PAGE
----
Children attend Breakfast with SantaPublished 7:51pm Saturday, December 15, 2012
Hundreds of smiles arrived at the Selma Convention Center Saturday morning for Breakfast with Santa to hear some stories, nibble on breakfast and meet with Santa Claus. They also got to go home with a book of their very own, as part of the Reading is Fundamental belief that book ownership will spark an interest in reading.
The Zeta Eta Chapter of Alpha Kappa Alpha Sorority, Inc. in collaboration with the city of Selma, the Dallas County Commission and Ameri-Corp sponsored the RIF Breakfast with Santa.
RIF coordinator, Nancy Sewell said she was happy to see the children arrive early and see how excited they were.
“Just seeing the excitement in the children’s eyes when they saw the books,” Sewell said about the most rewarding part of the annual breakfast. “They see Santa and Santa’s helpers it just brings joy in your heart it really does.”
Sewell said Breakfast with Santa began in 1993, so this year she is seeing another generation come in; some RIF children’s children attended the event Saturday.
“It’s just to hear the clatter the joy the laughter and the singing of the Christmas carols and while the old stories are told over and over again there is always a bit of excitement and amazement about,” she said.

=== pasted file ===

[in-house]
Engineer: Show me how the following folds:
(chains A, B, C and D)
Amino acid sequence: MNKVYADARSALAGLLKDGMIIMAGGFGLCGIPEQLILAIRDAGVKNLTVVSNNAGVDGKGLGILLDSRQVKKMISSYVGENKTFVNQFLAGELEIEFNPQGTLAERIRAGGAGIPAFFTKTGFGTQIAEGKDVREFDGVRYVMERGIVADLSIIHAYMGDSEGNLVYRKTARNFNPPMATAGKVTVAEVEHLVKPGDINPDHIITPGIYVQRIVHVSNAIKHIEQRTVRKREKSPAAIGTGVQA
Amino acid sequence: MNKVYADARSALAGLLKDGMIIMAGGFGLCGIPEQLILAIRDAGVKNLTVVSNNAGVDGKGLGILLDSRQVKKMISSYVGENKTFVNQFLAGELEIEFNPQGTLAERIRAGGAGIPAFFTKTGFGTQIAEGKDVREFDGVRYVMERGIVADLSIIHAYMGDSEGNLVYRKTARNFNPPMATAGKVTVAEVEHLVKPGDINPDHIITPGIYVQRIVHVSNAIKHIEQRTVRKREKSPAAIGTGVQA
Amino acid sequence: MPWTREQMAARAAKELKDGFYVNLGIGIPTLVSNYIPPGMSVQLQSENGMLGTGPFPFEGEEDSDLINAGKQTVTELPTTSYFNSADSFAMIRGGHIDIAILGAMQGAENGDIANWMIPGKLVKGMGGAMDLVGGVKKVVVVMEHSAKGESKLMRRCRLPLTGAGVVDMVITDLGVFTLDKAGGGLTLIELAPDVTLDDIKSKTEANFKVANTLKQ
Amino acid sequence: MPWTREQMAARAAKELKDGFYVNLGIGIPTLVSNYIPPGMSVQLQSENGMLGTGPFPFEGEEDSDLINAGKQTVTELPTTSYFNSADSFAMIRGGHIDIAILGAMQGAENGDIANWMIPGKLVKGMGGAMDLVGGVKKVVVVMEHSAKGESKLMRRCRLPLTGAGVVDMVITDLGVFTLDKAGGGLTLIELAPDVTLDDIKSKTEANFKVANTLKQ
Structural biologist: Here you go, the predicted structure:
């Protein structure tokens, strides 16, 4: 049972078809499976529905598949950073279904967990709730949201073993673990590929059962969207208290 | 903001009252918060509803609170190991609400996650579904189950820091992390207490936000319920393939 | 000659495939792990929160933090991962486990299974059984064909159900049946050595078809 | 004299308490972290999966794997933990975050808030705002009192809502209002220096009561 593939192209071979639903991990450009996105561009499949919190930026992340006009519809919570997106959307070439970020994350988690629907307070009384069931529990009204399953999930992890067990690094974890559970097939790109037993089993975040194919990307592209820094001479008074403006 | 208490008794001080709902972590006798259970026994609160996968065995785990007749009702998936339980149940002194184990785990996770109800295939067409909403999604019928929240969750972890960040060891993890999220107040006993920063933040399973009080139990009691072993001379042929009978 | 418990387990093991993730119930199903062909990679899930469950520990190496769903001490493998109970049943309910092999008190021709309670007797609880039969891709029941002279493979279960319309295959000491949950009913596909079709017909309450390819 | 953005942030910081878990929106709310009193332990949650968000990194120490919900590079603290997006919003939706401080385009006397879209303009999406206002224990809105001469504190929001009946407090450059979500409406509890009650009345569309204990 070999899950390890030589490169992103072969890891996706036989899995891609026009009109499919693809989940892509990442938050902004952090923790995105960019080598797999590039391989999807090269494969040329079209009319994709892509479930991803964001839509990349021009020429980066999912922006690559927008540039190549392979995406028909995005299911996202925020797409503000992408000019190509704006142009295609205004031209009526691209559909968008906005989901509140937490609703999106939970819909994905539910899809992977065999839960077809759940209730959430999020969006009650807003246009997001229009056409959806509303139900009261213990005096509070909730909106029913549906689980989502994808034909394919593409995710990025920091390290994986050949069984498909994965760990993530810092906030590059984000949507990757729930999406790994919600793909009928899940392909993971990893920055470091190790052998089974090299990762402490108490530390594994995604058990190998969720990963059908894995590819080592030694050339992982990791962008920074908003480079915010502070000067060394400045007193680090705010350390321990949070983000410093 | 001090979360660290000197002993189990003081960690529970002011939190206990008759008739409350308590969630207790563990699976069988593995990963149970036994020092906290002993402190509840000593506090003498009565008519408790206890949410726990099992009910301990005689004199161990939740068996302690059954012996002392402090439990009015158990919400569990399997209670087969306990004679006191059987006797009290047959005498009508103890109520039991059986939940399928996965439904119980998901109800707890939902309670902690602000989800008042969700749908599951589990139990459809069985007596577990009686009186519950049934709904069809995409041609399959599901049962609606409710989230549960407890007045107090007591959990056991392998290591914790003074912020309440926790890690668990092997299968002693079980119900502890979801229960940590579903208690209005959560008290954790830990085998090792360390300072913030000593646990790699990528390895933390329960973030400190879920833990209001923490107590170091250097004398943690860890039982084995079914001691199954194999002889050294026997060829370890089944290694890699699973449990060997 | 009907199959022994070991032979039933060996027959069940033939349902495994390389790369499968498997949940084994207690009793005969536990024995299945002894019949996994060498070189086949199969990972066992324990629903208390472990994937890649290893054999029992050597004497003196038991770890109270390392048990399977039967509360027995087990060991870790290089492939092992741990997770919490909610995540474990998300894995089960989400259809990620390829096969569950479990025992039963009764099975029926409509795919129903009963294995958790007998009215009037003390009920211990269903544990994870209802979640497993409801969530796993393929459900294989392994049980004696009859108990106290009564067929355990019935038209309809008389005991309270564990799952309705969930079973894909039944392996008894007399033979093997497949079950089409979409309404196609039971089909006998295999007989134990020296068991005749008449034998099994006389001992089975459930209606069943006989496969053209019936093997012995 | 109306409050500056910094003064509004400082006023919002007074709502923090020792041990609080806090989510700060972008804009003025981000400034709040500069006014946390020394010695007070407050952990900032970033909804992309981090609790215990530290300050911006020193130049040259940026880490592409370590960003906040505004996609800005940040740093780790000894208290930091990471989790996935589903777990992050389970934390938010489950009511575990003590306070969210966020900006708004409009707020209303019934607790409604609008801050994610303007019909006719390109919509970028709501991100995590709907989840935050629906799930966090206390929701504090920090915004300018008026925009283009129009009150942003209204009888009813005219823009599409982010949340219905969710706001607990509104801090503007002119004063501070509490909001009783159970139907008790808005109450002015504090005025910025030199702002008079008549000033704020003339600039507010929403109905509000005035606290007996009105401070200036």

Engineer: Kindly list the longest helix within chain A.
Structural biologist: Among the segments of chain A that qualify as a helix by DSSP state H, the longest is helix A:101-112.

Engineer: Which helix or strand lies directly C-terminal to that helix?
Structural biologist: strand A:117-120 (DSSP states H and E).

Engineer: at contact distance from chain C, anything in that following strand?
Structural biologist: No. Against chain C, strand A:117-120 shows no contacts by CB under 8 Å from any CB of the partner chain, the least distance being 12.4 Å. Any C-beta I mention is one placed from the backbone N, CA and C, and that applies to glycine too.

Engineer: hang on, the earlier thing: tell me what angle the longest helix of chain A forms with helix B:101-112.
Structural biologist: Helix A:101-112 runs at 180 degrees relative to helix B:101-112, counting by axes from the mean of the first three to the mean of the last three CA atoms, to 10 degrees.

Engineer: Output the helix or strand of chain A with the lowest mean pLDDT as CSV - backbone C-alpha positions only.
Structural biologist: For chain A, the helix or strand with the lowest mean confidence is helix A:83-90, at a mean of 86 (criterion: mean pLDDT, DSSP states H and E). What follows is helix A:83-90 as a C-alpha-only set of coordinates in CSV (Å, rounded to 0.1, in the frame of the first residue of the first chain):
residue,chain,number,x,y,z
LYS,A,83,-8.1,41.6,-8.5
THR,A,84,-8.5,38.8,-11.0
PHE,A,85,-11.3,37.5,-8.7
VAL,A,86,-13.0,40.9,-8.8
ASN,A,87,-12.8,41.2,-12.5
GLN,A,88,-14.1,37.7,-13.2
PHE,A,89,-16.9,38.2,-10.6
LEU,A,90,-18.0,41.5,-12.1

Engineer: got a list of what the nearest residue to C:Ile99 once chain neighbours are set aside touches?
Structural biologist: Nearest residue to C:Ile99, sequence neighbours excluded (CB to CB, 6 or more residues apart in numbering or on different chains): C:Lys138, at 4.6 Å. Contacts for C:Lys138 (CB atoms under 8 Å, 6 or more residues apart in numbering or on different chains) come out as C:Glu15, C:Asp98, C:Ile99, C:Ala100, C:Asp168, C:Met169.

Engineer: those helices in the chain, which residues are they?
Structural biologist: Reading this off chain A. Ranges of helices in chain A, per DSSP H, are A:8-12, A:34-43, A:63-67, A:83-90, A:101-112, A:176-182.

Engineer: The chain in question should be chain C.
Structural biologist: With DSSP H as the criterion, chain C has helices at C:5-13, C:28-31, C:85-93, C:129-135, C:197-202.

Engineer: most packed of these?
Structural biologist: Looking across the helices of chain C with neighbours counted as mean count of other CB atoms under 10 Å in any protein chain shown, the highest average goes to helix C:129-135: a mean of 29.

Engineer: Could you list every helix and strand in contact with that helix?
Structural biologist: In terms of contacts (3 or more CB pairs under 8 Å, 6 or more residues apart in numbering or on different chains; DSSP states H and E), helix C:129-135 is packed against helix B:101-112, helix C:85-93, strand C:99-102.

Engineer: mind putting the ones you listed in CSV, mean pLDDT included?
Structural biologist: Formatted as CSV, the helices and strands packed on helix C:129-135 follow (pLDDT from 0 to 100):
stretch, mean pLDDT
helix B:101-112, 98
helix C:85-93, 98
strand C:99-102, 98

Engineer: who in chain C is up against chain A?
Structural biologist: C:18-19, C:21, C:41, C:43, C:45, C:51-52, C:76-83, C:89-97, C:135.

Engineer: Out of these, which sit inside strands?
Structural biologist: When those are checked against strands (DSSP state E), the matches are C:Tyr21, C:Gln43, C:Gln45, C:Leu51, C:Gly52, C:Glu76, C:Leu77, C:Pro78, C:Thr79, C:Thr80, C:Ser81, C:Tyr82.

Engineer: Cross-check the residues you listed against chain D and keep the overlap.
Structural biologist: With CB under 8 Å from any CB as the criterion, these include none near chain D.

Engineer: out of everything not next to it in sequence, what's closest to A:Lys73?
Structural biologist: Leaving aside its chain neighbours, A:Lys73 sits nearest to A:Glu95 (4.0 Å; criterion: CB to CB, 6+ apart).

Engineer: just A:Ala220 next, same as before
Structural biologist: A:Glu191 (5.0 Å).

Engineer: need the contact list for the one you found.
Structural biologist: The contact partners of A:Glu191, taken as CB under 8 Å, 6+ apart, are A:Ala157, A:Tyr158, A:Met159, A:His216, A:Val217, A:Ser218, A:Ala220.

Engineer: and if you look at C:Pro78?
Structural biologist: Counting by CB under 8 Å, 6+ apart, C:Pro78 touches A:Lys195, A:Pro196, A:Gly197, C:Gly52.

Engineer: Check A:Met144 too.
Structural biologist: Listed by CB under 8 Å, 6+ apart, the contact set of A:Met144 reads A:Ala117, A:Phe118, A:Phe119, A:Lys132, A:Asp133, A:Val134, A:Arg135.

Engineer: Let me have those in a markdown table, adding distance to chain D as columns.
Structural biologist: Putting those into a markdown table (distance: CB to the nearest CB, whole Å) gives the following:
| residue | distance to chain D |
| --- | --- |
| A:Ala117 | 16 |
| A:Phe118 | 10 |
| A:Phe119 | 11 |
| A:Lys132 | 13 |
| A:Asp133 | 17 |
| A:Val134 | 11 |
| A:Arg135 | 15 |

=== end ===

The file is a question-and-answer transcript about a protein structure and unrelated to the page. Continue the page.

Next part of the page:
The children pick out books to take home that were purchased by AKA with the help of the Dallas County Commission and the city of Selma. The thought is if children own their own books, they will feel reading is more special.
“We want to develop life long readers kids who enjoy reading books through the ownership of books,” Sewell said. “We hope they will cherish these books and read them and read them and read them.”
Children in attendance also got a glance of what the African American holiday Kwanza is all about when professional storyteller Sister Yomi told stories about giving and Santa’s Kwanza. She led the children in rhythmic Christmas carols and afterwards Selma Mayor George Evans read the crowd a book.
Children kept wandering to the table of more than 200 books and were trying to pick out one before they were allowed to do so. But volunteers said that kids that interested in books are a good problem to have.